From the DATASHIELD Resource Library:
Learn some of the basic considerations when establishing a strong password policy for your organization. Find out some of the best practices and industry standards when it comes to user access and a password policy framework.
Oct 30, 2019
Most places of business require that their employees access their facilities by using a key or keycard. In many ways, passwords are the keys by which employees access their workplace network. With physical office keys or card readers, proper policies and procedures must be implemented to ensure that unauthorized access does not occur. The same holds true with successful password policies for organizations.
Cybersecurity as a topic of discussion is growing more popular each day due to the increasing number of attacks and breaches that occur. Companies are not the only victims, but entire cities as well. Such attacks often begin by a cyber criminal stealing passwords from unsuspecting or untrained employees. Typically, a thief only needs a single opening to access everything of value in a place of business. Similarly, once a hacker has control of a single key (or log in credential), they can then exploit that entry point to access a company’s entire network. This is especially true and escalated if this access gained is to one of the system administrator’s accounts.
List below are 9 key dimensions of a good password security framework that you can implement in your organization.
This may seem basic. But simple passwords are easily compromised. Enforcing complexity requirements is a good first step in stopping brute force hacking attempts. You can require that all users create passwords that do not reference the user’s legal name or username. Robust passwords also utilize combinations of characters, numbers, as well as upper- and lower-case letters.
You can boost the robustness of passwords within your organization, by setting a minimum character length. A common practice is a minimum of eight characters. A minimum character length of 14 characters is become a better standard.
Domain administrators’ accounts require greater protection. In such cases, passphrases (with a 15-character minimum length) are easier to remember and type, but harder to gain access to.
For greater protection, it is common to have minimum reset periods. This can also be varied for more critical functions within the organization.
Recycling is good for the environment, but not for your company’s password management! Choosing to enforce the password history requirement will limit how often an old password can be used. Setting minimums, such as the previous 5 passwords not being allowed can help avoid the overuse of “favorite” ones.
Sometimes employees will temporarily change a password and then switch back to a familiar one. Requiring each password to be held for three to seven days eliminates this issue. However, your IT support should be available to change compromised passwords when the minimum age limit isn’t met. Setting a maximum password age limit also helps with network security. Usually, this is set anywhere from 90 days for passwords to 180 days for passphrases.
You will need to track your team’s compliance with the password security policy. An audit will monitor password modifications to ensure compliance and to highlight and correct weak access points.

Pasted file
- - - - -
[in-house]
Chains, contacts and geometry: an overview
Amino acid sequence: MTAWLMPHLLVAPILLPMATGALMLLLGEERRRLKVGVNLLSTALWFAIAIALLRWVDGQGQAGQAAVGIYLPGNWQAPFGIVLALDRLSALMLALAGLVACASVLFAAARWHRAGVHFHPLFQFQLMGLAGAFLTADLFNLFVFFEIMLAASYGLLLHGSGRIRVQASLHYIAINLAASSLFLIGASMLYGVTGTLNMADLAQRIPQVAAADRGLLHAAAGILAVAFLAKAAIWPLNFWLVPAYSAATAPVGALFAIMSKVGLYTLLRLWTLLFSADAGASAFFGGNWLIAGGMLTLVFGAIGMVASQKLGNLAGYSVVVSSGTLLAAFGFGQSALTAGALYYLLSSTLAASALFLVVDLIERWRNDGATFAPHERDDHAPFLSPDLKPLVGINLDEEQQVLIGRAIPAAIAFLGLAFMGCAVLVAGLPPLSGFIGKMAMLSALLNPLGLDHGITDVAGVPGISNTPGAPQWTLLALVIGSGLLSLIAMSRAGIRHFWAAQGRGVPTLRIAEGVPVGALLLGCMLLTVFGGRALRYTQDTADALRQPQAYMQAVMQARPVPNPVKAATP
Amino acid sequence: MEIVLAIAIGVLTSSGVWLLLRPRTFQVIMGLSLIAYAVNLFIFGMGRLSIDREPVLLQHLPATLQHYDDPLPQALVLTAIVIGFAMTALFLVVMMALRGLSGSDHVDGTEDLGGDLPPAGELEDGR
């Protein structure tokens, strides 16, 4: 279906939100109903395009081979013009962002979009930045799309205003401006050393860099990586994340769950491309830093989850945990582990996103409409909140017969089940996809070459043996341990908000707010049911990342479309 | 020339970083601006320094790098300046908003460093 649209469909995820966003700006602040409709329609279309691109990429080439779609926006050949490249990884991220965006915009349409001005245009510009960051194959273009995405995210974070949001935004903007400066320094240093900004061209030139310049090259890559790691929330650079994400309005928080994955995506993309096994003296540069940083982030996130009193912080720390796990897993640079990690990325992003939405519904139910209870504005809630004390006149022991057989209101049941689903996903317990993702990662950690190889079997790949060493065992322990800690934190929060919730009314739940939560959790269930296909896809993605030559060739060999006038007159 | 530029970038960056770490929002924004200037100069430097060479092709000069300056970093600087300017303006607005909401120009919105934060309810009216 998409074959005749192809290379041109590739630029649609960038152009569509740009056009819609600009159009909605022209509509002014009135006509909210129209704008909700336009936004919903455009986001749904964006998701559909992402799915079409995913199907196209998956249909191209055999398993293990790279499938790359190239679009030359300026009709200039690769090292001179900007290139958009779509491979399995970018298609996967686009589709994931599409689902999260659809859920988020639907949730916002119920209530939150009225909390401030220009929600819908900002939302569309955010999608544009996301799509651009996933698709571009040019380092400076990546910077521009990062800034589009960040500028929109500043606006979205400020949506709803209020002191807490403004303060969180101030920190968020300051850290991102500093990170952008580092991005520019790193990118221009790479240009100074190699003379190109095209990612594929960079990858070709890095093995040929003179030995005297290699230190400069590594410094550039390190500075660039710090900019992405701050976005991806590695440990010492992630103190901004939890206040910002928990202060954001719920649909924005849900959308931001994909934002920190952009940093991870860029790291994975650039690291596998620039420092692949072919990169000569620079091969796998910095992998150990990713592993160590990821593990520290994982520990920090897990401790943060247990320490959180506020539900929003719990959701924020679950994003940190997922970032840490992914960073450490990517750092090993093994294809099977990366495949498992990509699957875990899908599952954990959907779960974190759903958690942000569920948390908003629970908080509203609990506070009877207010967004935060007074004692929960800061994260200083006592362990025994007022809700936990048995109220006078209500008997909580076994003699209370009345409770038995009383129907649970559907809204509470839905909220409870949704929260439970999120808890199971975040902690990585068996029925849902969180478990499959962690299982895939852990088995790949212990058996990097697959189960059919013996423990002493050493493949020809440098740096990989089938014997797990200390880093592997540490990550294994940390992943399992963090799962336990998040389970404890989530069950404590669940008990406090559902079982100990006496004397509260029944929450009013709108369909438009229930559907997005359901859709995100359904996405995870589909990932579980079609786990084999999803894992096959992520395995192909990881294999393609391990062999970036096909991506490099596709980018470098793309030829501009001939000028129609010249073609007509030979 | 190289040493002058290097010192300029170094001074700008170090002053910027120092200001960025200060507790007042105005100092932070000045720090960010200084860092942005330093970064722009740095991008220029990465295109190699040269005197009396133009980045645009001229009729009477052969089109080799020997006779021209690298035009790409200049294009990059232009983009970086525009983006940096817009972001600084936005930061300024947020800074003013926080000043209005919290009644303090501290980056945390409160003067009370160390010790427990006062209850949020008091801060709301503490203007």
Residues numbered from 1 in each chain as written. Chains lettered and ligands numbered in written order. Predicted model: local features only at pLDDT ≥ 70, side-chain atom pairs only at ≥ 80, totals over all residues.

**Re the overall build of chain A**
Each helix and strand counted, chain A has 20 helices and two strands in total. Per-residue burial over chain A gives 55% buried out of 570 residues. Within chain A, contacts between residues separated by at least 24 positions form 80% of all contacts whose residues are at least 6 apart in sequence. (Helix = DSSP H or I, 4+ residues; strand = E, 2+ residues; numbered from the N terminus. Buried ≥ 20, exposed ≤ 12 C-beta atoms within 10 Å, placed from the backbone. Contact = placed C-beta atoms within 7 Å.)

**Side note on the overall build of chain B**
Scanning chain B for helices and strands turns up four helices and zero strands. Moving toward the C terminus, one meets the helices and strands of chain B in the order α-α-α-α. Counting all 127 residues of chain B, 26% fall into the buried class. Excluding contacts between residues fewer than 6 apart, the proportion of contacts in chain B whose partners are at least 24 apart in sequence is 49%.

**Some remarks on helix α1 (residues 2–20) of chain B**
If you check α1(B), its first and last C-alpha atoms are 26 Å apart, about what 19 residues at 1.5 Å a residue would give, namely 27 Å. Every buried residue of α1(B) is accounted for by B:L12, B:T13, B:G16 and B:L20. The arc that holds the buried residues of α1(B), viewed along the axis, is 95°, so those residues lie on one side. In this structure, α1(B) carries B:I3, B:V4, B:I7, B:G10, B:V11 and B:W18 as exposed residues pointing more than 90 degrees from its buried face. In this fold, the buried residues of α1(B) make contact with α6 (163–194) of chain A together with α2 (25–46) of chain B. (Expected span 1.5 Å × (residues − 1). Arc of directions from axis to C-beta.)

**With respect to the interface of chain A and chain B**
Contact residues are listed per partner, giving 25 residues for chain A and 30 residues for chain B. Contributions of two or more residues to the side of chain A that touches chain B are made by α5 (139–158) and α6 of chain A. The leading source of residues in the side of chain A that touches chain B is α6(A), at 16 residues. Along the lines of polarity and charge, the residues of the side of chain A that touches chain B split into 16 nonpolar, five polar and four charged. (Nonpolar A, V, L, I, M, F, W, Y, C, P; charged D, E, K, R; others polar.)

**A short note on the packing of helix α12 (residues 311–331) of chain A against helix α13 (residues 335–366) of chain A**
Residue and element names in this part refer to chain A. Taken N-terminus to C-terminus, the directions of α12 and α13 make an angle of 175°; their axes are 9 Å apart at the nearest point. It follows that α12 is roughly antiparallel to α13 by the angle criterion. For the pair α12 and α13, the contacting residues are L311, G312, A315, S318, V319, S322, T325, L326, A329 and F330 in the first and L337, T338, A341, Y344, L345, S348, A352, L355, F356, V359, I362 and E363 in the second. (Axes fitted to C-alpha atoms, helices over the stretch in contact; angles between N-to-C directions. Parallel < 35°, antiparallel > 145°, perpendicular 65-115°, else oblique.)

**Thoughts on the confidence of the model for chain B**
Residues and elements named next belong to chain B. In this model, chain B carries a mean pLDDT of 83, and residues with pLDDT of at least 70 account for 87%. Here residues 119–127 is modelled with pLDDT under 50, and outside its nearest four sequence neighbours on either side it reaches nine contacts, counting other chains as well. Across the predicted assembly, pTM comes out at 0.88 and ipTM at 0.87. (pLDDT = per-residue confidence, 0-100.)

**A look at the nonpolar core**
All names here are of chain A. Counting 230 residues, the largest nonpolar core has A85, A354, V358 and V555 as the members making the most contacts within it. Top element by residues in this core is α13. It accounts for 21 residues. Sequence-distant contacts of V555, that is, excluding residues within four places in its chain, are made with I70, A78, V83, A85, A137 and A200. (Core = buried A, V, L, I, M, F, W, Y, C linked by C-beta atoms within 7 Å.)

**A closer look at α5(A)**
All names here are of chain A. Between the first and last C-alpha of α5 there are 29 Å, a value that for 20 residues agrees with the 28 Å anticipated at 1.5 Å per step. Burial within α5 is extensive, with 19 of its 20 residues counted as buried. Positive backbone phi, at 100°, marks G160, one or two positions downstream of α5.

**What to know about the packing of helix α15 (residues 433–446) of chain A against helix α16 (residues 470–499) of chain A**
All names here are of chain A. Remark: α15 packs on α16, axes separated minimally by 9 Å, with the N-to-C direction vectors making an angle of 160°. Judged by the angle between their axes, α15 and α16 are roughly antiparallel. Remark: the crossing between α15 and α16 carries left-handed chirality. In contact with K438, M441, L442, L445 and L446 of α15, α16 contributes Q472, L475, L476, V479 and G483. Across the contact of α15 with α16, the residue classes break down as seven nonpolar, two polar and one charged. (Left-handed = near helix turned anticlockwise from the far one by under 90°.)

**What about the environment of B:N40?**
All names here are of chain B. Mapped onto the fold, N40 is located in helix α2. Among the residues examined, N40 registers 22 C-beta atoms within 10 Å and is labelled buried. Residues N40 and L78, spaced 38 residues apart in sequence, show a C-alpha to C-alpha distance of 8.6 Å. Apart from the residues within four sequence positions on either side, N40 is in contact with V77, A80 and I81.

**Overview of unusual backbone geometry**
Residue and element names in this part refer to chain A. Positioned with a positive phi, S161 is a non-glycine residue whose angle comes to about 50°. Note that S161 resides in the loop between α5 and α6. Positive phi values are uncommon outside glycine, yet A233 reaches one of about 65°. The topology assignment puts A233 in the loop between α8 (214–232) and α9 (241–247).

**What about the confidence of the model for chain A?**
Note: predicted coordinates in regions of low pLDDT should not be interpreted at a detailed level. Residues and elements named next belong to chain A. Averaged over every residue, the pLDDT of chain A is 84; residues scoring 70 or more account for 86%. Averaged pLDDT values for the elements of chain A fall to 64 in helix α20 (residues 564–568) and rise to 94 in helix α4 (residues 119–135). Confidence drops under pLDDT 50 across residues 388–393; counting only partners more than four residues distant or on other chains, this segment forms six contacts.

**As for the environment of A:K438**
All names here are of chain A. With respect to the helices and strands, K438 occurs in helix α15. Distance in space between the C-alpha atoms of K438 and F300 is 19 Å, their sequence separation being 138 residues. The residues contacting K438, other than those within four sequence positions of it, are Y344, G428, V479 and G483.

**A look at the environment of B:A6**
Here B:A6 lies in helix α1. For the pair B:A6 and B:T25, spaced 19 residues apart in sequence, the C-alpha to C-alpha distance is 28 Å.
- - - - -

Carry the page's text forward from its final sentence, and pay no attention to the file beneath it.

Your team is likely to forget to comply with the company’s password policy on their own. Send email notifications to remind them to change their passwords before they expire.
We believe on top of all these basic tips you really need to keep track of two elements to develop an effective password security policy for your organization.
Training - It is essential to train everyone on your team on how to establish and maintain strong passwords. Not only should this training be a mandatory part of the on-boarding process for new employees, but for existing employees as well. Your company's IT department (or service provider) will be able to help you set the security requirements to ensure only robust passwords are accepted. Cybersecurity should be a part of your organizational culture to ensure full adoption and application of best practices.
Tools - The second element is the tools that are available to you and your team. As mentioned before, passphrases can be used to boost the complexity requirement. However, it can be difficult to remember unique, robust passwords (or passphrases) for every portal that is accessed. So in such instances, electronic password managers can be worth the investment. Password managers store each user’s passwords for all their websites and enable safe automatic logins. Your passwords are encrypted in a secure virtual vault with a single key, a master password. This master password is the only thing you need to remember for all your websites and portals.
Therefore, the training and tools dimensions work together to help you coordinate your team to become aware of and consistently practice good password security requirements.
Two Factor Authentication - Another item to consider while not covered here is the adoption of Two- Factor Authentication (2FA) to pair with a strong password policy. By implementing 2FA it requires an employee to use an additional device or verification point to validate that they are actually trying to login utilizing a valid password. It is one extra step in helping to create a strong security posture.
Creating and implementing a comprehensive password security policy will help secure your organization’s assets. We believe that it’s far better to take preventative action to prevent and prepare for possible breaches, rather than to expend considerable resources trying to figure out what happened after the fact. At DATASHIELD we offer our premier Cybersecurity Resilience Platform to all our clients. Contact Us today for a customized cybersecurity plan for your organization.